Risk FactorOffers guaranteed incomeModerately risky as the external market forces guide the performance of a liquid fund
ROIThe average expected returns range from 7 to 10% with an NBFCThe average expected returns start from 6%
Tenure12 to 60 monthsThe maximum tenure is 91 days
Tax ImplicationThere are options for getting a deduction under Section 80C of the Indian Income Tax Act, 1961These are treated as debt funds. The interest is fully taxable as per your existing slab
Features of liquid funds
- The interest rates in a liquid fund are not fixed and changes based on market fluctuations.
- Interest rates in a liquid fund are higher than those in a savings account but lower than in a fixed deposit.
- Liquid funds attract annual fees ranging from 0.30% to 0.70%
Liquid Funds (LF) Vs Fixed Deposits (FD): Which Is Better?
The guiding factor that will decide FD vs liquid funds is your threshold limit of risk tolerance. If you are looking for a guaranteed income at the end of a predetermined period, FD is the investment option for you. The investment options of FD and liquid funds are in a way similar to one another. Both are preferred by risk averse investors. However, there are certain inherent differences between them.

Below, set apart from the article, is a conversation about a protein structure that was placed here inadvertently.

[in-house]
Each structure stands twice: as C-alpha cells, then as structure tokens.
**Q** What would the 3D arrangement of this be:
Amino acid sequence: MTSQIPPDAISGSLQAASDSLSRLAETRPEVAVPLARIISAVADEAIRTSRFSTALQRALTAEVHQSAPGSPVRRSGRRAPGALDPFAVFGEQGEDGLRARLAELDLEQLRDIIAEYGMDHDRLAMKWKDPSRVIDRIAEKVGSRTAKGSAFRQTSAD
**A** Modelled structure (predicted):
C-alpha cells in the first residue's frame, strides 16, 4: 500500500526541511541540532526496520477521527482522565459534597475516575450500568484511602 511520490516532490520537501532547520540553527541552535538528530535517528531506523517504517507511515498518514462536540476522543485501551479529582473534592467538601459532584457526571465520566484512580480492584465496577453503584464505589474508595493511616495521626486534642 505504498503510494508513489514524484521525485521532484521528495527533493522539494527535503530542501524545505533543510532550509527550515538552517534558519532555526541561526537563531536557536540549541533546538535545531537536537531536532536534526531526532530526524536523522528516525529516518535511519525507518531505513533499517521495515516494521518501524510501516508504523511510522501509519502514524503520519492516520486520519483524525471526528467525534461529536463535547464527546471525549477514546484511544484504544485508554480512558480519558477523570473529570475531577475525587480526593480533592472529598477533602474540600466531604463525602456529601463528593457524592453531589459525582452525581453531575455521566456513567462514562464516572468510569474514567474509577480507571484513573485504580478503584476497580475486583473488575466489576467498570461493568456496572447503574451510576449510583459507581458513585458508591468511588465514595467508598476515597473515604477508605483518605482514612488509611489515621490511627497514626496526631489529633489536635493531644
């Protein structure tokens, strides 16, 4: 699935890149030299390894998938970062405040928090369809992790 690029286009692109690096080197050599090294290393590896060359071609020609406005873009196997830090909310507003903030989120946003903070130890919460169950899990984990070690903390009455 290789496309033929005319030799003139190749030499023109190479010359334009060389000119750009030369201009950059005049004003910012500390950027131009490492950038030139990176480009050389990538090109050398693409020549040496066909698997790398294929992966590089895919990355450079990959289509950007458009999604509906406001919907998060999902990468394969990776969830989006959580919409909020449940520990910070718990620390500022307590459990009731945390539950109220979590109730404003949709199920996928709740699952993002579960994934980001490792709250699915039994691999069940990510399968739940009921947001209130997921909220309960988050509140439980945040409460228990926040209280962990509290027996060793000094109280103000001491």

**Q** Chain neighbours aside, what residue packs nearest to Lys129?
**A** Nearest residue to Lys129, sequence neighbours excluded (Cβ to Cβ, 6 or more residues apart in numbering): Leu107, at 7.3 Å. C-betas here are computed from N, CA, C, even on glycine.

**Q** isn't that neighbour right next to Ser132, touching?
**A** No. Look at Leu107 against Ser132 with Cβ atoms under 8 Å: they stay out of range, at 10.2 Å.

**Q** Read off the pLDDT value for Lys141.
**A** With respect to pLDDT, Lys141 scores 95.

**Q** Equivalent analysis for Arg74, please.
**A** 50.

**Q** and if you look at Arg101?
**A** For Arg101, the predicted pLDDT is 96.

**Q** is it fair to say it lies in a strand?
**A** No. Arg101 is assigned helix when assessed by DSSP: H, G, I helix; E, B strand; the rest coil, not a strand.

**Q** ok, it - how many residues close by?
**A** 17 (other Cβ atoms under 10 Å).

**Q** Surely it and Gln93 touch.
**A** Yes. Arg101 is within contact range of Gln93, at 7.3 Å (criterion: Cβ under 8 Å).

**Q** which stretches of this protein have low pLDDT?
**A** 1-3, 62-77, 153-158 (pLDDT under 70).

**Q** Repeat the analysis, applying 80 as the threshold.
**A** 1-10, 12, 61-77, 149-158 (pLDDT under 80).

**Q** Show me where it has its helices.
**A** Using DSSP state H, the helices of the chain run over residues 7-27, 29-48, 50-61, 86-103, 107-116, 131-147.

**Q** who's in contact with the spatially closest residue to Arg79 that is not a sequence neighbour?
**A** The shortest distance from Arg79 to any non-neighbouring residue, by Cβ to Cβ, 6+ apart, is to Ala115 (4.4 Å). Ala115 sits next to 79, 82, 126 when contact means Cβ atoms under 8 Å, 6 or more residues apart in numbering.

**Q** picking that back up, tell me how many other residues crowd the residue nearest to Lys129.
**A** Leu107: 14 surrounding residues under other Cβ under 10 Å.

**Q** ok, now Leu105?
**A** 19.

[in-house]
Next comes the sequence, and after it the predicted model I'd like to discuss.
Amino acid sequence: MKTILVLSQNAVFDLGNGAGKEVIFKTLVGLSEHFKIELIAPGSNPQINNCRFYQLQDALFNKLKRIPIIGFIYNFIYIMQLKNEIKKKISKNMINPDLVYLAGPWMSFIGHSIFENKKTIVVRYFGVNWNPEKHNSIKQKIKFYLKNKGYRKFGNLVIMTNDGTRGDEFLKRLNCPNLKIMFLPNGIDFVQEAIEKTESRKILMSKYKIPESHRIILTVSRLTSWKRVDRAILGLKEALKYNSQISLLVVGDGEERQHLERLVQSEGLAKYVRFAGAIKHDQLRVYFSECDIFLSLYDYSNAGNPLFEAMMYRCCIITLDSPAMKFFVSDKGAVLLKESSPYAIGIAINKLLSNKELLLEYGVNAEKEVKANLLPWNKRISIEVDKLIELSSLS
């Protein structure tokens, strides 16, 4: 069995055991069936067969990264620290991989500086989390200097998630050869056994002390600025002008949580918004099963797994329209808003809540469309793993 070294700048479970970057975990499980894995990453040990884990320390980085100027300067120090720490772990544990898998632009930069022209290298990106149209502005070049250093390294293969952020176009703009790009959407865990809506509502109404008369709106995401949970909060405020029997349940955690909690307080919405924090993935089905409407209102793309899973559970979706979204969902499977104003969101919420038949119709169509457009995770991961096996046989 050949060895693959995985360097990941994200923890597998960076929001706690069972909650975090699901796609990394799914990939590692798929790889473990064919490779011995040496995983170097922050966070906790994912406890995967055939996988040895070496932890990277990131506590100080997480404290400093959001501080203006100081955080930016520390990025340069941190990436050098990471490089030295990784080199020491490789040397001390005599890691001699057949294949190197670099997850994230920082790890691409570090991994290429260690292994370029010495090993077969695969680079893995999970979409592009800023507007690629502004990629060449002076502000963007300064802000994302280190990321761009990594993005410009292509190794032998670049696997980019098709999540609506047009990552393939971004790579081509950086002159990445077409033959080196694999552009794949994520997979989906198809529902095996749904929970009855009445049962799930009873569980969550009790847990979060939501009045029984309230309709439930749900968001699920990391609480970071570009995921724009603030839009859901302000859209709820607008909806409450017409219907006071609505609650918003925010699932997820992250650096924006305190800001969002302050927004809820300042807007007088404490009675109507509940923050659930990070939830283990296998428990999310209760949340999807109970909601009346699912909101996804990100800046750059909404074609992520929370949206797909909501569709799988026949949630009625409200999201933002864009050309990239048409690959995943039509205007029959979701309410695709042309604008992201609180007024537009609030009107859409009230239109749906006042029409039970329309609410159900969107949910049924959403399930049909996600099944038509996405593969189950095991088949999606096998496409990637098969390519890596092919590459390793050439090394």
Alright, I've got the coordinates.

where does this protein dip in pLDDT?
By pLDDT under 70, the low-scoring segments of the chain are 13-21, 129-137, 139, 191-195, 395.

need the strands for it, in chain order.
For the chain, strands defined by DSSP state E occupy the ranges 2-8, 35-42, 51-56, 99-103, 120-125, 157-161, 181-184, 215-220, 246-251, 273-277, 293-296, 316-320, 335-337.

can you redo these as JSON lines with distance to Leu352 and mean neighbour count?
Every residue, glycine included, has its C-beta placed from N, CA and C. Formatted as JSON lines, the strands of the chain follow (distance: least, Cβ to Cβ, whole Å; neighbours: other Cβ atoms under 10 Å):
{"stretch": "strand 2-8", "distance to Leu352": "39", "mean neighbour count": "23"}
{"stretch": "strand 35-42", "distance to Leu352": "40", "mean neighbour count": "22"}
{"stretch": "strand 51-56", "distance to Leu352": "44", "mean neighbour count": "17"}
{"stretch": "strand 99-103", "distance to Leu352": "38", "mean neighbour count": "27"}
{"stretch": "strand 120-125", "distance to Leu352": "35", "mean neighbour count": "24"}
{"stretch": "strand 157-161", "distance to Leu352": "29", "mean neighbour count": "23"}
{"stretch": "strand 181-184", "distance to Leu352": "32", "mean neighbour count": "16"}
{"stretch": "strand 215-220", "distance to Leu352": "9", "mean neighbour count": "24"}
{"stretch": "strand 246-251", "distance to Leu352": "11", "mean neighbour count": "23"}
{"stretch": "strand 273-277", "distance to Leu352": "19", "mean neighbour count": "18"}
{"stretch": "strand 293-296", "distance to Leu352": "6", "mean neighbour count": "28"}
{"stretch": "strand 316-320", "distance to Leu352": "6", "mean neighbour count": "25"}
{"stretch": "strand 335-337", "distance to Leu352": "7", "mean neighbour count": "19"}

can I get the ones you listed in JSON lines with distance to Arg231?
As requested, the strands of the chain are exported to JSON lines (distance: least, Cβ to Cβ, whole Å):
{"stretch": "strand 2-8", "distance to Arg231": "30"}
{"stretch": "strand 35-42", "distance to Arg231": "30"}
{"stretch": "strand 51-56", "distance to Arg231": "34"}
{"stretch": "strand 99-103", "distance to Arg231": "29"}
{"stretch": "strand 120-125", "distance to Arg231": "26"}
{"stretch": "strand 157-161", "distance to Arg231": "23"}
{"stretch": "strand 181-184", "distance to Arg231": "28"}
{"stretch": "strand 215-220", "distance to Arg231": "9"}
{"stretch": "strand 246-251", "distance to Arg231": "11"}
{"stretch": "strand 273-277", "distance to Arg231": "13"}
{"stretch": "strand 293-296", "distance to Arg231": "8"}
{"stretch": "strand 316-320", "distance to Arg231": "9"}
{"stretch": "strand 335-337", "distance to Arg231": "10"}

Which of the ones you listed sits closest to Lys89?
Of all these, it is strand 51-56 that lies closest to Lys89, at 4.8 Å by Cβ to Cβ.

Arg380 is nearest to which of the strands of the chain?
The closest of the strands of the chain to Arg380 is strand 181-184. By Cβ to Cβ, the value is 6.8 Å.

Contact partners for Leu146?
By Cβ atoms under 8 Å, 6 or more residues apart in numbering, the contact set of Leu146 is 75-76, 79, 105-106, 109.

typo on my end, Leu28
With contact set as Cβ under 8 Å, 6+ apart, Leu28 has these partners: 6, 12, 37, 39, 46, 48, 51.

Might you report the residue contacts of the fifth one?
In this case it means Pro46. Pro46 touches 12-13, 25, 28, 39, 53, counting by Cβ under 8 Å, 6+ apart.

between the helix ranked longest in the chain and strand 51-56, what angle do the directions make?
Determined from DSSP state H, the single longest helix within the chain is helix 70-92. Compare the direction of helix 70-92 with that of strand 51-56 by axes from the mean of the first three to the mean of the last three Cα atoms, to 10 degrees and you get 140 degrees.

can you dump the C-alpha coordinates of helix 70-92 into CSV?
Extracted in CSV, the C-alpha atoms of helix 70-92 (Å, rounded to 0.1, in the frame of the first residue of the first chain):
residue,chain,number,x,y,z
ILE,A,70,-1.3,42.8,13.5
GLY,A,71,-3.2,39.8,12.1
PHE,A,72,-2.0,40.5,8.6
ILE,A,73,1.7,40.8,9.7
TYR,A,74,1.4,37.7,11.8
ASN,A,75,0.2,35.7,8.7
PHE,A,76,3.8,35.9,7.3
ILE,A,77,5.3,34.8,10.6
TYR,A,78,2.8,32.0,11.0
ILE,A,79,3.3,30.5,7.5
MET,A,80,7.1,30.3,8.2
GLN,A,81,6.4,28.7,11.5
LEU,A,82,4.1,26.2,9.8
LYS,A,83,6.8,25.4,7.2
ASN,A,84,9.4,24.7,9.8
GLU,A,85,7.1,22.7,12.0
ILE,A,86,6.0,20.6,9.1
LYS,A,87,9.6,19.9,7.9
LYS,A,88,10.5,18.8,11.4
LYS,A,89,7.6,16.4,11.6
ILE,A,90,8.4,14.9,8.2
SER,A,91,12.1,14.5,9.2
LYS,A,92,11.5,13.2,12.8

You should understand the disadvantages of liquid funds as compared to fixed deposits, notably the low interest rates. As an investor, you need to carry out a thorough study before investing your cash. Invest now in Shriram Unnati Fixed Deposit which can earn you interest rates as high as 9.10%* p.a.
- Fixed deposits offer a steady, guaranteed income albeit at a lower ROI.
- FD is most suited for investors with a low-risk appetite. You can claim tax deductions under Section 80C.
- Shriram Unnati FD provides additional interest benefit of 0.50%* p.a. for senior citizens and 0.10%* p.a. for women depositors.
- Liquid funds are moderately risky, have higher ROI and the interest earned is taxable.
1.What is an FD?
FD is a lump sum investment that you make in a bank / NBFC where you get a guaranteed return along with the principal at the end of the maturity period.
2.What is a liquid fund?
It is a form of a debt mutual fund. The salient feature of a liquid fund is that it is a short-term investment of a maximum period of 91 days.
3.Between an FD and a Liquid Fund, which is an ideal investment option?
For an investor with a low-risk appetite, FD is a better choice as the returns are guaranteed, whereas there is a moderate risk in the case of a liquid fund.